Praxis Core Prep: How to Answer Long Passage If Questions
“If” questions (so called because they usually begin with “If it were found that … ”) are like argument/support questions on the Praxis Core, only instead of asking how a detail from the passage is used to support the author’s argument, they ask how a detail or fact that is not in the passage would affect the author’s argument if it were found to be true.
The point of such questions is that they demonstrate advanced logical thinking — that is, they show that the test-taker fully understands the weight and implications of the argument being made on an abstract level, rather than merely showing that the test-taker comprehends the passage’s exact words.
For example, consider a question like “If it were found that the defendant in a murder trial has a twin brother, how badly would this weaken the prosecution’s case?” The answer would be that the prosecution’s case would be weakened if it relied solely on eyewitness testimony but that it would not be weakened if they had fingerprint evidence, because twins look alike but don’t have identical fingerprints.
Don’t worry — questions on the test don’t involve outside knowledge; they deal only with the information provided to you in the passage and the questions themselves. (So if, in the example given here, they wanted you to base your answer on the fact that twins don’t have identical fingerprints, the passage would tell you this.) This is just an example of what is meant by an “if” question.
If you’re good at logical reasoning, you may be excited about answering “if” questions. But if you’re not so hot at logical reasoning, rest assured that there are simple, step-by-step ways to eliminate wrong answers to an “if” question, just as there are for the other types of questions.
“If” questions come in two basic types. In the first kind, the question gives you a detail, and the answer choices are possible ways that the detail may affect the argument. Keep in mind that there are only three ways in which a given detail can possibly affect an argument:
It can support it.
It can undermine it.
It can have no effect.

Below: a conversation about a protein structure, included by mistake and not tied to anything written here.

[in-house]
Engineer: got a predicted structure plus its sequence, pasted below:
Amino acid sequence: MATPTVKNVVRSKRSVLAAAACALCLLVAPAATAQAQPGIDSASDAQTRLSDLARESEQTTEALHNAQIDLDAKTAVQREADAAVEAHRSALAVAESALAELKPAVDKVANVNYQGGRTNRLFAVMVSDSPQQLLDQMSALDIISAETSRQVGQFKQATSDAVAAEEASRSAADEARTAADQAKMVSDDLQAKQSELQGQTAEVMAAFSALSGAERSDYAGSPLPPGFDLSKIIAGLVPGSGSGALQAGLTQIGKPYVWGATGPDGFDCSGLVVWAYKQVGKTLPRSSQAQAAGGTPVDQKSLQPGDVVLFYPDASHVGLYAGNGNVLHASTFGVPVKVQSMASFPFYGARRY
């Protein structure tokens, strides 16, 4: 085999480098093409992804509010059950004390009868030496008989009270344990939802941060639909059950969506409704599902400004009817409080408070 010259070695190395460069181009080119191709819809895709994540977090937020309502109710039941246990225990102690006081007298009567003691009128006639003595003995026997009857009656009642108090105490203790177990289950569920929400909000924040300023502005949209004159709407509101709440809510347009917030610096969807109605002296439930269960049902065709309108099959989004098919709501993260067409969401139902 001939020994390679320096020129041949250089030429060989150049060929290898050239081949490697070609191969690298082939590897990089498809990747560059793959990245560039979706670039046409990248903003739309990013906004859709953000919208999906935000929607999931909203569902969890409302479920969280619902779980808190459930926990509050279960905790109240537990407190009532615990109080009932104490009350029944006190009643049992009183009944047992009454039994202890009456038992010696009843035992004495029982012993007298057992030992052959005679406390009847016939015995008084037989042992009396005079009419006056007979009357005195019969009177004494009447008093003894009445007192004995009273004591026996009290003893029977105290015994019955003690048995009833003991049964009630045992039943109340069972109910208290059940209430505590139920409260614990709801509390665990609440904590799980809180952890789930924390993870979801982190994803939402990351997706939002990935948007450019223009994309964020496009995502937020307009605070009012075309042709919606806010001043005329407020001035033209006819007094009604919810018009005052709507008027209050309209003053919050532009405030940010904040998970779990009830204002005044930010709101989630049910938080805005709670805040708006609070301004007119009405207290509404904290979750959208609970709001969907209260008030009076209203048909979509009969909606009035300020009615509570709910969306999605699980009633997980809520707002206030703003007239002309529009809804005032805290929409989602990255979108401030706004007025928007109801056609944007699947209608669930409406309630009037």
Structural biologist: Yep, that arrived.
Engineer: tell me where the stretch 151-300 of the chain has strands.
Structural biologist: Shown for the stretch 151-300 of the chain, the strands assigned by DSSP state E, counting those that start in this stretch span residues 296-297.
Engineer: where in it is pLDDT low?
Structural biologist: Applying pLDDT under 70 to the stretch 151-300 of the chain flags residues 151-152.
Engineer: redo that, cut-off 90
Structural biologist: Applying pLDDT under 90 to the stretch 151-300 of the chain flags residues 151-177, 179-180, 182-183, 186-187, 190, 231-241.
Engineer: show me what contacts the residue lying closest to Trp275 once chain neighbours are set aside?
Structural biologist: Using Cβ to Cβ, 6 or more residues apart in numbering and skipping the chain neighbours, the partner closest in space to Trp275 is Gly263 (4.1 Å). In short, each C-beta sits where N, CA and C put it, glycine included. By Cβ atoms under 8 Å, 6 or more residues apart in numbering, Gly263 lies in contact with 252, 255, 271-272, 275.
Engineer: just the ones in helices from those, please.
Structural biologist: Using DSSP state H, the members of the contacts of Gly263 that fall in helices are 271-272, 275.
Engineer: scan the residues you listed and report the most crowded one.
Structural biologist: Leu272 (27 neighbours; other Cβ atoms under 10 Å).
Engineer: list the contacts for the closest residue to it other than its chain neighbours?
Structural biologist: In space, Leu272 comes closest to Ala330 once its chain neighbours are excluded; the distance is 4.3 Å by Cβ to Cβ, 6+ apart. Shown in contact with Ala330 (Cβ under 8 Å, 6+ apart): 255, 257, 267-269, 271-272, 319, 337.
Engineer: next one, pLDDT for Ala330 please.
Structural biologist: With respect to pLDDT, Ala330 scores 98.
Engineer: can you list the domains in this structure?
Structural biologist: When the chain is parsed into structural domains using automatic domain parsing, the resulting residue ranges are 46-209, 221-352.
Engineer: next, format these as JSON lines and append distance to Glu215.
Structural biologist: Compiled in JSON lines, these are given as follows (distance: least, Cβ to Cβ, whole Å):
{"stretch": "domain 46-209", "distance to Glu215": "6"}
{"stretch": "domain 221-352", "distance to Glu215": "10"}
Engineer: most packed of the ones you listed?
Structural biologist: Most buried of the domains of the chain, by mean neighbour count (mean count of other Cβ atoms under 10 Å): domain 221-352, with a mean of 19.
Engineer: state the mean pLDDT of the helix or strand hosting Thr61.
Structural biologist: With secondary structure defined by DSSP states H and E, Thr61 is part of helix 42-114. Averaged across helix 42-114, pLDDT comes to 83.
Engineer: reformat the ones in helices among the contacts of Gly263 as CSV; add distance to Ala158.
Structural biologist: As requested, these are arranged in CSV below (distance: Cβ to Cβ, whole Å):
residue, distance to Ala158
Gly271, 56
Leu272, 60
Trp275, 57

However, the question needs to have five choices, so the choices can involve questions of degree: “The given fact completely proves the argument,” “The given fact supports the argument slightly,” “The given fact completely disproves the argument,” “The given fact undermines the argument slightly,” and “The given fact has no effect on the argument.”
“If” questions also often pop up in reference to passages that compare excerpts from two authors.
The answer choices may be something like “The given fact supports the author of Passage 1,” “The given fact undermines the author of Passage 1,” “The given fact supports the author of Passage 2,” “The given fact undermines the author of Passage 2,” and “The given fact has no effect on the argument of either author.”
The second type of “if” question reverses this dynamic. Instead of providing you with a single detail and giving you five choices about how the detail affects the argument, this type of “if” question asks you to identify which of five possible details supports or undermines the argument.
The way to approach such a reverse if question is to begin by understanding that a detail has to be about the same thing as the argument in order to have any effect on it one way or the other. So your first step is to eliminate all the choices that are unrelated.
After you’ve eliminated the answer choices that have no effect one way or the other (unless you’re being asked to identify the detail that has no effect on the argument, which is rare, but possible), the next step is to look for points that are either consistent with or mutually exclusive to the author’s viewpoint.
A detail or factoid that is consistent with the author’s viewpoint (a detail that would or could be true if the author is right) supports that argument, and a detail or factoid that is mutually exclusive to (that is, couldn’t be true at the same time as) the author’s viewpoint undermines it.